The 8 Communication Traits of Happy, Healthy Marriages
Delaware Fatherhood and Family Coalition - Friday, May 22, 2020
The 8 Communication Traits of Happy, Healthy Marriages
They're essential for a long lasting union.
By Jeremy Brown Jul 12 2018, 5:49 PM
In all aspects of life, communication is key. But in a marriage, if there’s a communication breakdown, it can bring the whole thing down. As such, it’s vital for couples to communicate effectively. Unfortunately, however, that’s usually a lot easier said than done.
“The number one thing is that people want to be understood and they want to feel like their emotions are being valued,” says Jonathan Robinson, a couple’s therapist and author of the new book More Love, Less Conflict: A Communication Playbook for Couples. “And when that doesn’t happen, marriages start to have problems. I never have couples come into my office saying, ‘We really understand each other, that’s why we want a divorce!’ But of course the opposite happens all the time.” But how can couples start on that road to understanding and better, healthier interaction? Here are eight traits that all happy marriages share.
They Do Daily Appreciations
A simple note, text message, or compliment can go a long way in a relationship, Robinson says. Just letting your spouse know that he or she is appreciated and that their efforts aren’t going unnoticed can help them to feel validated and understood. “The number one correlation with happiness in couples is the number of appreciations they give to each other,” he says. “We forget to do daily appreciations.”
They Listen Actively
As your grade school teacher likely chided you about, there’s a difference between “hearing” and listening.” This is a big part of a happy marriage, too. In order to fully take in what your spouse is saying to you, Robinson recommends what he calls ‘empathic listening,’ which means listening and responding not with solutions or options but with such phrases as, “I can see that you’re upset because…” That level of understanding can help husbands and wives diffuse arguments relatively quickly. “It’s hard for couples to do this because they get triggered so easily, and they don’t know this skill,” says Robinson. “So it’s really important that they practice it with small things before they get triggered. So that, when they’re triggered, they’ll still be able to do it.”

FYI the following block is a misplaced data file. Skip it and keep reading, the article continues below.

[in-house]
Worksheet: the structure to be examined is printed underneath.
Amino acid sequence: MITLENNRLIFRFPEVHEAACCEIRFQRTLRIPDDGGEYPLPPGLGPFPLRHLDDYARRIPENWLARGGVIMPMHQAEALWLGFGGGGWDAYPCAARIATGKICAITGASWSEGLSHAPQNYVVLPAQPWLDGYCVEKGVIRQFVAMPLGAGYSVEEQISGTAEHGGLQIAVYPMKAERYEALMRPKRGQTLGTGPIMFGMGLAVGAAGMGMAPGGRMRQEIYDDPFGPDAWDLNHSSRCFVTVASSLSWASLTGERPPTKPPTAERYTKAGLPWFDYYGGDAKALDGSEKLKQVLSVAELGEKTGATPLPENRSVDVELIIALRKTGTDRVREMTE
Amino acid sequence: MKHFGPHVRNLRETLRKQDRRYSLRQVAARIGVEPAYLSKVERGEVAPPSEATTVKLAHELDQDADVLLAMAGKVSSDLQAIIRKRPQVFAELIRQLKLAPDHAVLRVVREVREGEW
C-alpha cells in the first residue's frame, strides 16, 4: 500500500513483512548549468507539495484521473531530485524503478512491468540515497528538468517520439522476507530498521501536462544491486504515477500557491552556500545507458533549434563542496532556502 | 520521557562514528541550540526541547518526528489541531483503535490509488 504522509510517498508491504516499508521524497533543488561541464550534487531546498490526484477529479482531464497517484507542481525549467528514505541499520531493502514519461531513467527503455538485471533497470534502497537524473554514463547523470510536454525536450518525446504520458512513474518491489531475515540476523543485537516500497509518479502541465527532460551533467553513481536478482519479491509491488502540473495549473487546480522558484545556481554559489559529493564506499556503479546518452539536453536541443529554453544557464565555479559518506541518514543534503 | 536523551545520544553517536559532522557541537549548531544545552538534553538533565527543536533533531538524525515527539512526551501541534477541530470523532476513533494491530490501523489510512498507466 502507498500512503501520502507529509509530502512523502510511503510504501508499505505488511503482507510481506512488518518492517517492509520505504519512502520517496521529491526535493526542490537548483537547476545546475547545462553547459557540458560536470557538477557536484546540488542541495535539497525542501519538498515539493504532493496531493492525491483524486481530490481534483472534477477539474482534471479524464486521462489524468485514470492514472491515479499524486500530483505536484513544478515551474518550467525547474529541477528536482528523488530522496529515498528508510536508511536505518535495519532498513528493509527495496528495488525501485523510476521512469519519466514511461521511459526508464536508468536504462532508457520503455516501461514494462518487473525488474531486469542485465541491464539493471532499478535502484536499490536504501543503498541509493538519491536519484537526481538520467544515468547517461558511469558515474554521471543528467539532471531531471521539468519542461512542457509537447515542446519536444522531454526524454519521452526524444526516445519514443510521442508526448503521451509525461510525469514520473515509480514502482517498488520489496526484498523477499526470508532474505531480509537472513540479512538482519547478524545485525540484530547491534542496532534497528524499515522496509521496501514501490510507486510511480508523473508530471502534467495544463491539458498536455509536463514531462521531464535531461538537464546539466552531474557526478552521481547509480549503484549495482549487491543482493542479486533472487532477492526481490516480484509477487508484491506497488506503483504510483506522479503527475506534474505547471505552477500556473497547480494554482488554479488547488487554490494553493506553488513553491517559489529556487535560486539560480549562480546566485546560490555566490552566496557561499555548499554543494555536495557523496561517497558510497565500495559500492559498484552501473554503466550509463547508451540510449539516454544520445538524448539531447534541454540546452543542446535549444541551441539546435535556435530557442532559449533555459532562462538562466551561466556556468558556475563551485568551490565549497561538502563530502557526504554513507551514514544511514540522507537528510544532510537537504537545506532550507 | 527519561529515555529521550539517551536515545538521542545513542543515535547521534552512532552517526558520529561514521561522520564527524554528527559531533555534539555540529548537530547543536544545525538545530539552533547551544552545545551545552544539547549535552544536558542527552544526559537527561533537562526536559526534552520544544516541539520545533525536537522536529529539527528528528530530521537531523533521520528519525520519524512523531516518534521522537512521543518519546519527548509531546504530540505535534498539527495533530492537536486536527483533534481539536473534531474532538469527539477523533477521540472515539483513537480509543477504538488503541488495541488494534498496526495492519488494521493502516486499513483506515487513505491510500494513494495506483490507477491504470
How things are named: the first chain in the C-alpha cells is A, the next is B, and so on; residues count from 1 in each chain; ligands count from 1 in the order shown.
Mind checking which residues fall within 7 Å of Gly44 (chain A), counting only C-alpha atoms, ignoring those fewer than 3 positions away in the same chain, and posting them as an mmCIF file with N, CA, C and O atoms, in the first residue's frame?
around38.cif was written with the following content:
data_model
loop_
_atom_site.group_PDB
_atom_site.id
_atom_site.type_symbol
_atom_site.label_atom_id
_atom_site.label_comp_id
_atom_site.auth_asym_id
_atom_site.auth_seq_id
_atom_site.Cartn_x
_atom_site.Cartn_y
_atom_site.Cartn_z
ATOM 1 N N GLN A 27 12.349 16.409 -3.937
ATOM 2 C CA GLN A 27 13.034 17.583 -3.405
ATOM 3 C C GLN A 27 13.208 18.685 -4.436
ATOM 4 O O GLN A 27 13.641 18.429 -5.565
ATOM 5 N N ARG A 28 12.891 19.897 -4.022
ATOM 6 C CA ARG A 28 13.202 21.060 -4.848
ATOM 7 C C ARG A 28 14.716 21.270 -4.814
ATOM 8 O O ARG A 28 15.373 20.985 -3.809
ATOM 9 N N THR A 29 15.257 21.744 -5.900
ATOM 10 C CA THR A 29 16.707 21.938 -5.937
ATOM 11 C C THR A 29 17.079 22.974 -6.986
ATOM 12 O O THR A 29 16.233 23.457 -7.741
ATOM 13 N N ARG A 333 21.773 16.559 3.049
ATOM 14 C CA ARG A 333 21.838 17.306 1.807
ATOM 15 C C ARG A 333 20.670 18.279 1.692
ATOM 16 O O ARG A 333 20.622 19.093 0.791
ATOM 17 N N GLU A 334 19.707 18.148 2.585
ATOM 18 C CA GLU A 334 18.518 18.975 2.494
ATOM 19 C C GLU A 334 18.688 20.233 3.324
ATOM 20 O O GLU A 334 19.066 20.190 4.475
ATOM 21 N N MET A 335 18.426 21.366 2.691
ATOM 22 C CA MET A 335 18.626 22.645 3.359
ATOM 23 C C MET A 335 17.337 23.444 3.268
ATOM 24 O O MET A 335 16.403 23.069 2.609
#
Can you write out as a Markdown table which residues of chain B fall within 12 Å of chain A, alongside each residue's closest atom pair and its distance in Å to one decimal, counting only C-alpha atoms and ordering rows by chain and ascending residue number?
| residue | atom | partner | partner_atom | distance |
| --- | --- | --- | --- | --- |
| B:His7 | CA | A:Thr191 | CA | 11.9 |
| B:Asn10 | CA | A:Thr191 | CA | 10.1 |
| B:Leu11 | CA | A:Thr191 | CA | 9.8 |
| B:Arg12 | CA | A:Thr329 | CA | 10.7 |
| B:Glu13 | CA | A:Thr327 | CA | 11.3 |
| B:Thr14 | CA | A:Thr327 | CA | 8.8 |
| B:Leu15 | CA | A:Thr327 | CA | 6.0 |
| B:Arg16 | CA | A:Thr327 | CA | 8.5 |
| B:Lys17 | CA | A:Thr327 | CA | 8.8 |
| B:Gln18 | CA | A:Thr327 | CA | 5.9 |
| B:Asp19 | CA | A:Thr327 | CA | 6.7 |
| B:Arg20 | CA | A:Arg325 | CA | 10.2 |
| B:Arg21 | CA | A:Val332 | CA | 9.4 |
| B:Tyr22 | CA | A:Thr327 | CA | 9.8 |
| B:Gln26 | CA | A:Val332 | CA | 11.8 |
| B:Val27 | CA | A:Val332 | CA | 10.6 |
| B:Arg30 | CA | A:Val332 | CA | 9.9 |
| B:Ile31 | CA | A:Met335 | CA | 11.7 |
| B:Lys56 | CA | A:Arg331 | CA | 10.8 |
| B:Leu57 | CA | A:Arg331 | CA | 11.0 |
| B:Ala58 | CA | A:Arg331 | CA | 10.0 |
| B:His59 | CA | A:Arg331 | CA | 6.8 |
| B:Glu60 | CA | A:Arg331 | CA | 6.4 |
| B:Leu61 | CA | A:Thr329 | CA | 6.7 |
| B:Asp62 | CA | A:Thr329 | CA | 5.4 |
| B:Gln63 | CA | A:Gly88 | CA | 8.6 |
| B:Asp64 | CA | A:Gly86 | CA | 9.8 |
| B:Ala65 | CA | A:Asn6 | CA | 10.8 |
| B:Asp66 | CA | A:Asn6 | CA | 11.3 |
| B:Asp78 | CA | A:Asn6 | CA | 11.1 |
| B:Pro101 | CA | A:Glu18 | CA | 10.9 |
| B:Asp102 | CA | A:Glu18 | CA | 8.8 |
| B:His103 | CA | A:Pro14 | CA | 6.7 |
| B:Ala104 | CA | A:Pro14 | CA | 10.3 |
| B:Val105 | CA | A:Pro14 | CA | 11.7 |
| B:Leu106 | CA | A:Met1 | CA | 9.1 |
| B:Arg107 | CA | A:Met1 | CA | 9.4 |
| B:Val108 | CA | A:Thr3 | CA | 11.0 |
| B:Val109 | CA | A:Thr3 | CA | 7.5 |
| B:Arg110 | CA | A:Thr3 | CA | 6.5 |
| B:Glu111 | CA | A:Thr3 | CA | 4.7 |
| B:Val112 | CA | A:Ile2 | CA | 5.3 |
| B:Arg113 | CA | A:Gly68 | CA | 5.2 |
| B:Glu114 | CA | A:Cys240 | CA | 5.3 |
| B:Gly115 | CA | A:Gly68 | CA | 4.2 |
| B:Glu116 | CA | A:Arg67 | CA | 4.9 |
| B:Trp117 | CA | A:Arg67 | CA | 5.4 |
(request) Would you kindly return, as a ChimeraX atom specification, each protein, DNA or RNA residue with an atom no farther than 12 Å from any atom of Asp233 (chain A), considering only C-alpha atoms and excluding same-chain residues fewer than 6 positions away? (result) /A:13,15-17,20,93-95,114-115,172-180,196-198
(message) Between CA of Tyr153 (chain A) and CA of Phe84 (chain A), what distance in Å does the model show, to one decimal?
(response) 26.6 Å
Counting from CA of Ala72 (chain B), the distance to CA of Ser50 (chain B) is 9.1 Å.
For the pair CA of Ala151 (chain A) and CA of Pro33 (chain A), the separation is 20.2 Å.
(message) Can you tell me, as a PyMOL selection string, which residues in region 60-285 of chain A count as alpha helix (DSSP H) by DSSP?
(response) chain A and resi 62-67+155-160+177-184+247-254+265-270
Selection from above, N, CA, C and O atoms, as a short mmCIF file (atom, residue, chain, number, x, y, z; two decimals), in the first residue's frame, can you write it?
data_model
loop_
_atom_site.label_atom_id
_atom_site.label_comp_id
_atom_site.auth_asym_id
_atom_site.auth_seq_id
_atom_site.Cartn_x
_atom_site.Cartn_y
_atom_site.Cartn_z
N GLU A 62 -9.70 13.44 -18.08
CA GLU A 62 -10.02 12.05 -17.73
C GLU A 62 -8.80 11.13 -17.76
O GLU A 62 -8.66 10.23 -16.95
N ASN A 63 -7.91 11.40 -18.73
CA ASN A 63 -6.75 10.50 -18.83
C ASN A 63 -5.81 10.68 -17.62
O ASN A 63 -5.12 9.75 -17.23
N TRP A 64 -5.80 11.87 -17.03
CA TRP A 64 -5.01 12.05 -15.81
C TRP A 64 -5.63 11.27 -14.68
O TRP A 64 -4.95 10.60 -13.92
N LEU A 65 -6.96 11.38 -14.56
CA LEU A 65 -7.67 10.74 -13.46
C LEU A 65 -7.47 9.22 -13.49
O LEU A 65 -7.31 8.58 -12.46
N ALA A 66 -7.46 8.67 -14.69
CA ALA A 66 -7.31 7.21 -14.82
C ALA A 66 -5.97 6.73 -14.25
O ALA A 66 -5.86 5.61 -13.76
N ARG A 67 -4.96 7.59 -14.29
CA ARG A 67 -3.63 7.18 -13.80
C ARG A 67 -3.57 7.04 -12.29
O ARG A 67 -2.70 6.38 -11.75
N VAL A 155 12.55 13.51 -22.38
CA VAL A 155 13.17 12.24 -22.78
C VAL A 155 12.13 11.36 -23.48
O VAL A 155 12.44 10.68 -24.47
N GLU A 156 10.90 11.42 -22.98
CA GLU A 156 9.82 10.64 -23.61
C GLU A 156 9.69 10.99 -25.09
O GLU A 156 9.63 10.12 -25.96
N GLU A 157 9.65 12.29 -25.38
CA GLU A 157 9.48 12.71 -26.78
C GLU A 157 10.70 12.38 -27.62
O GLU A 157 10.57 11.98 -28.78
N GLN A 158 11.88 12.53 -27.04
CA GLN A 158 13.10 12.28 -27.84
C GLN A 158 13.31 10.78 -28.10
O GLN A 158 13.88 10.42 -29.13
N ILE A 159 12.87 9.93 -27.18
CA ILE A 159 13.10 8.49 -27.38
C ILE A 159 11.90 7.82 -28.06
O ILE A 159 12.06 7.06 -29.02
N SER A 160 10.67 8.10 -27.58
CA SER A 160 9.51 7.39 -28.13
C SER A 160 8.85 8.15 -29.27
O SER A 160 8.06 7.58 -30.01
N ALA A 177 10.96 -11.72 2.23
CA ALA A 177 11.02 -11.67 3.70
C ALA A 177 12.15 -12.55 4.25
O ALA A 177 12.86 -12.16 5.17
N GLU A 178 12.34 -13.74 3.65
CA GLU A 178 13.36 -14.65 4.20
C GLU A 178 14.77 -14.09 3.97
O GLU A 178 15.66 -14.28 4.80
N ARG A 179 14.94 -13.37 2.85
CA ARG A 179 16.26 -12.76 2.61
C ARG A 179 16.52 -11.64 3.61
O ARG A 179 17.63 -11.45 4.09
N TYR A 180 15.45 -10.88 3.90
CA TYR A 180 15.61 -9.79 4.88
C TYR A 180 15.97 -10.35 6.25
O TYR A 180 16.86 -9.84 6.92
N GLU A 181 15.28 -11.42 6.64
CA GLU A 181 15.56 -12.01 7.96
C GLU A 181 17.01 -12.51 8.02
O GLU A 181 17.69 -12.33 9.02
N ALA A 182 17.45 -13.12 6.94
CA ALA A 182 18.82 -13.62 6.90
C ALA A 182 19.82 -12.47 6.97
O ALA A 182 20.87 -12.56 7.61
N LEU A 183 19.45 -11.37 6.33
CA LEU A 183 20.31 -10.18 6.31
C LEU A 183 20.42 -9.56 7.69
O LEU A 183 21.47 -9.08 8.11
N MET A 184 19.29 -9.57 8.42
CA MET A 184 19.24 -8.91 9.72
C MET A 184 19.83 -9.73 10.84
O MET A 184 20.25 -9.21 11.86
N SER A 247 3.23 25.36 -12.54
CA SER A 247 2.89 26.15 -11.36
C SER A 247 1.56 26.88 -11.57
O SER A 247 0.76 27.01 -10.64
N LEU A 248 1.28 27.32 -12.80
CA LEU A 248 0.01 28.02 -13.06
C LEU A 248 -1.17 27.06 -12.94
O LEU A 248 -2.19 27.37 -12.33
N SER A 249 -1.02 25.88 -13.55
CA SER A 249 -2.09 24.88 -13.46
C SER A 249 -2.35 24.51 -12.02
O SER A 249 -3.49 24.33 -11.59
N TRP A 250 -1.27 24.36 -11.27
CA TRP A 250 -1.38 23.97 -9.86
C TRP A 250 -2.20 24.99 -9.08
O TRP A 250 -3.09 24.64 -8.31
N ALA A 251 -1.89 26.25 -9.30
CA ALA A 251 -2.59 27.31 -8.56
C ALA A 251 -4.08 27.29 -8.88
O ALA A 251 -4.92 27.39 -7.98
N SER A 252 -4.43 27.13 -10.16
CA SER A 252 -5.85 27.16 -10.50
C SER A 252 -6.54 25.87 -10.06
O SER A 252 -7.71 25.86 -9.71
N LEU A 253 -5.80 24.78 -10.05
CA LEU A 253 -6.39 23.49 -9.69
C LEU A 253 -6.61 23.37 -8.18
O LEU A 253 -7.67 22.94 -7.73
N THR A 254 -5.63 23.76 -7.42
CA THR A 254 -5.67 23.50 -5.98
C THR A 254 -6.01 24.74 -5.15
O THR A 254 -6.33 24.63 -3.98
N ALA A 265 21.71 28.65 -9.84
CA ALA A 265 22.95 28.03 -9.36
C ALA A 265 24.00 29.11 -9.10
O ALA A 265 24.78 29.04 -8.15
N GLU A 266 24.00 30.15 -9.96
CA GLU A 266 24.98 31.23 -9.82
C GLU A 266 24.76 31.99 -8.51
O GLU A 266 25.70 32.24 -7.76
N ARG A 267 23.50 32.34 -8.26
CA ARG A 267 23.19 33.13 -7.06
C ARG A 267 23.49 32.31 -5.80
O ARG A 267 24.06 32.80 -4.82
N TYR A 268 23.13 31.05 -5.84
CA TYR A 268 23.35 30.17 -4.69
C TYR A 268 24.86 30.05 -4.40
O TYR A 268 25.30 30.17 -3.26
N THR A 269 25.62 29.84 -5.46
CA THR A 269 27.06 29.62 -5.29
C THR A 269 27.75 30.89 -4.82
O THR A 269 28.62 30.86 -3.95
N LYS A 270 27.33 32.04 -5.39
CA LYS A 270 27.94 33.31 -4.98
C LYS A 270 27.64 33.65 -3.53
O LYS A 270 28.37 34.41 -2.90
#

They Write Down Criticisms
No matter how things are going in your marriage, good or bad, if you criticize your spouse aloud, there will be flare-ups. That’s why Robinson recommends writing down some things about your partner that might rub you the wrong way and presenting them to your partner. When criticisms are presented in this fashion, your partner can take them, process them, and formulate an answer, rather than just firing back a retort.
“I usually have couples do that once every three months so it doesn’t get overwhelming. Just say, ‘These are some of the things I’m having a hard time with,’” Robinson says. “Complaining and shaming your spouse into trying to change does not work. I think direct criticism is to be avoided completely. But if you need to say something, do it in written form.”
They Practice Positivity
Research shows that happy couples who practice a 5:1 ratio of positive to negative behaviors are more likely to be happy and healthy. Robinson does agree that that sentiment has shown to be true, but also acknowledges that very few married couples realistically practice that. However, he says that saying positive statements out loud on a regular basis helps build equity in a relationship and can be key in diffusing arguments down the road.
“It’s really important to have those positive statements,” he says. “It’s like money in the bank. So that, when you need to make a withdrawal because of life circumstances or stress, you have something in the bank to withdraw from. And if you don’t say positive statements on an ongoing basis, then your marriage can easily go bankrupt.”
They Embrace the Power of the Time Out
A marital disagreement can go from a spark to a five-alarm blaze with one wrong word. To keep that from happening, Robinson recommends putting the brakes on a disagreement before it gets out of hand.
“If you see you’re getting hot and heavy and upset, use the phrase ‘red light,’” he says. “That’s a signal that you should take minutes to just quiet down and say nothing and calm down. By the time you’re back after two minutes, you’re more likely to be in the rational part of your brain and not be upset.”
They Make Contact
Don’t underestimate the power of simple gestures. You can say a lot without saying a word just by holding hands or giving a hug. “All these things are really important, because in this culture, we don’t have enough physical touch,” says Robinson. “So I have couples do that every day. And it’s not to be overlooked.”
They Use “I” Statements
What you say during an argument matters. When you do argue with your spouse, try and shift the focus by not casting blame and saying, “You did this” or ‘You need to fix this’ and instead use “I” statements. “When you use ‘you’ statements, they feel blamed and their ears turn off,” says Robinson. “So, when you use ‘I’ statements, you avoid that. You can take responsibility by using a statement like, ‘One way I see I contributed to this upset is…’ What you’re trying to do is not have your partner become defensive and ‘I’ statement or taking some responsibility helps with that.”